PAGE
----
The Chaperone on Masterpiece
Airs Thursday, Nov. 26 at 8 p.m.
The star, writer, and director of Downton Abbey the series and film reunite in The Chaperone, based on Laura Moriarty’s best-selling novel and featuring actress Elizabeth McGovern, screenwriter Julian Fellowes, and director Michael Engler. Portraying a Jazz-age quest for personal fulfillment by two markedly different women, the 90-minute program premieres on MASTERPIECE, Sunday, November 24, 2019 at 9pm ET on PBS after a successful theatrical run. The Chaperone is the inaugural production of MASTERPIECE FILMS, a movie-making spinoff of the multi-award-winning drama series, which is nearing its 50th anniversary.
The Chaperone is a co-production of MASTERPIECE FILMS, PBS, FIBONACCI FILMS, ANONYMOUS CONTENT and ROSE PICTURES.
McGovern (Downton Abbey, Ordinary People) stars as Norma Carlisle, the diffident chaperone to fellow Kansan, Louise Brooks, destined to become a 1920s sex symbol, played by co-star Haley Lu Richardson (Split). The cast also includes Victoria Hill (First Reformed), Géza Röhrig (Son of Saul), Campbell Scott (House of Cards), Blythe Danner (Will & Grace), Miranda Otto (Homeland, The Lord of the Rings), and New York City Ballet principal dancer Robert Fairchild.
Telling the fictionalized backstory of real-life silent-screen star Louise Brooks, The Chaperone begins in 1922, when Brooks is a teenage modern-dance sensation in her hometown, Wichita, Kansas. Winning a place at the renowned Denishawn Dance Company in New York City, run by Ruth St. Denis (Otto) and Ted Shawn (Fairchild), Louise requires a chaperone for her journey from staid Middle America to the Gatsby-like glory of the big city.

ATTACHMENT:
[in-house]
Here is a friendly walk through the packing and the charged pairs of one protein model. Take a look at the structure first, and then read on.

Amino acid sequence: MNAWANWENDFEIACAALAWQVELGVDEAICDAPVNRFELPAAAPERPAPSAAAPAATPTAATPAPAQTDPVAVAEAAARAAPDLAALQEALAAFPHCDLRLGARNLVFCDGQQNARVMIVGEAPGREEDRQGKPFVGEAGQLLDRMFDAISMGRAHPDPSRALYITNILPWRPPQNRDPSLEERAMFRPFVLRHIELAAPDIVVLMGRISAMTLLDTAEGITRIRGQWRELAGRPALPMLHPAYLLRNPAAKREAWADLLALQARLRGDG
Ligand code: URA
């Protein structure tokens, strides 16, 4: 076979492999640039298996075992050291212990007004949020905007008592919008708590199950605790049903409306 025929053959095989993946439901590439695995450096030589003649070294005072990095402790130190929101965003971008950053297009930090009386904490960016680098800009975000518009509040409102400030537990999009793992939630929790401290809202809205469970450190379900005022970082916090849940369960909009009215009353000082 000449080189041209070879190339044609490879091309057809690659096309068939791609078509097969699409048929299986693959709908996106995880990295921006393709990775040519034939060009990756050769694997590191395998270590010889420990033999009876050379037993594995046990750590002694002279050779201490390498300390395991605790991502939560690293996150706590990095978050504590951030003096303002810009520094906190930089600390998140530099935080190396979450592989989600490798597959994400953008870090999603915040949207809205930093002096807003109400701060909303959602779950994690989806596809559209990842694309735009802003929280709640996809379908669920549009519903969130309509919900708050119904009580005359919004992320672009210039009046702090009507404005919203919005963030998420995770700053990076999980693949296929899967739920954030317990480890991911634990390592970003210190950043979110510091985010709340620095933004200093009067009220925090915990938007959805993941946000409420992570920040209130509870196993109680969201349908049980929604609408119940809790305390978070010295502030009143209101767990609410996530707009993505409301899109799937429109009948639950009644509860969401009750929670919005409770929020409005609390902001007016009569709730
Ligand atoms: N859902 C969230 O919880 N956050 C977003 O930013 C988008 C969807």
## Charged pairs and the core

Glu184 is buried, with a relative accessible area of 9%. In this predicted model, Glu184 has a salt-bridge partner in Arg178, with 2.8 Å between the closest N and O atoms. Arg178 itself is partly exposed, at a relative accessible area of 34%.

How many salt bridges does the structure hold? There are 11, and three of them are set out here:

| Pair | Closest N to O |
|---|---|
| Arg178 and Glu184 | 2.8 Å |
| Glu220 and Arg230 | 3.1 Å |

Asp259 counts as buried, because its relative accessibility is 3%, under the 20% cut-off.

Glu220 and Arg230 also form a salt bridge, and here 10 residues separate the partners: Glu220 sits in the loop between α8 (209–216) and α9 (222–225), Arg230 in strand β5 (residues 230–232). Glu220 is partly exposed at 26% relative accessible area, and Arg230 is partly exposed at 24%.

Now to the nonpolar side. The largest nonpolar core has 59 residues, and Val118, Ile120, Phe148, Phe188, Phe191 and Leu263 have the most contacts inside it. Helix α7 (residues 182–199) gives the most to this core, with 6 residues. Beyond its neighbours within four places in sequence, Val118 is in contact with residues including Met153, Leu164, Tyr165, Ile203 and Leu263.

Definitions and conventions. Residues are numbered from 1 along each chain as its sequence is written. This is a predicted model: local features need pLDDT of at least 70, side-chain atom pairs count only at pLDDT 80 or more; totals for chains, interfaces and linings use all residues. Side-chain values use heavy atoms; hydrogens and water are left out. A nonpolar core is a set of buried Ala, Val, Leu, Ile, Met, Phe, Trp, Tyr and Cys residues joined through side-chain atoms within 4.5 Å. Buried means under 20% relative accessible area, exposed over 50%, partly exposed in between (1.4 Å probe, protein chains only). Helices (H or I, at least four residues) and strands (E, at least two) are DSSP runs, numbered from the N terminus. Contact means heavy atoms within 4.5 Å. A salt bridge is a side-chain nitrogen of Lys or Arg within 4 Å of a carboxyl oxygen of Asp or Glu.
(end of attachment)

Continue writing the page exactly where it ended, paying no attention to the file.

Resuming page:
Enter a family friend, Norma, who is the middle-aged mother of twin grown-up sons and the wife of an emotionally distant local attorney (Scott). She has her own reasons to sign on as Louise’s minder. In many ways, she is less worldly wise than her fifteen-year-old ward. Nonetheless, she does her best to enforce Presbyterian values on Louise—a job that grows increasingly difficult as their train makes its way east.
Once in New York, Louise pursues dance by day and forbidden pleasures by night (whenever she can sneak away from Norma), while the chaperone embarks on a personal mission: discovering exactly who she is. Years before, Norma was raised by nuns in a New York orphanage, then placed on a notorious “orphan train,” where she eventually landed with a farm couple in Kansas. Tracking down the orphanage, Norma asks for the records of her adoption but is refused by the mother superior. She then enlists the friendly caretaker, a German immigrant named Joseph (Röhrig), to help her penetrate the mystery of her identity.
The Chaperone is a story of self-discovery during a tumultuous period in American history. Louise will go on to become an icon of the Roaring ’Twenties and a rebellious model for her generation, pursuing her glittering career from New York to Hollywood to Berlin. But Norma, too, will embrace rebellion—and in Wichita, Kansas, no less!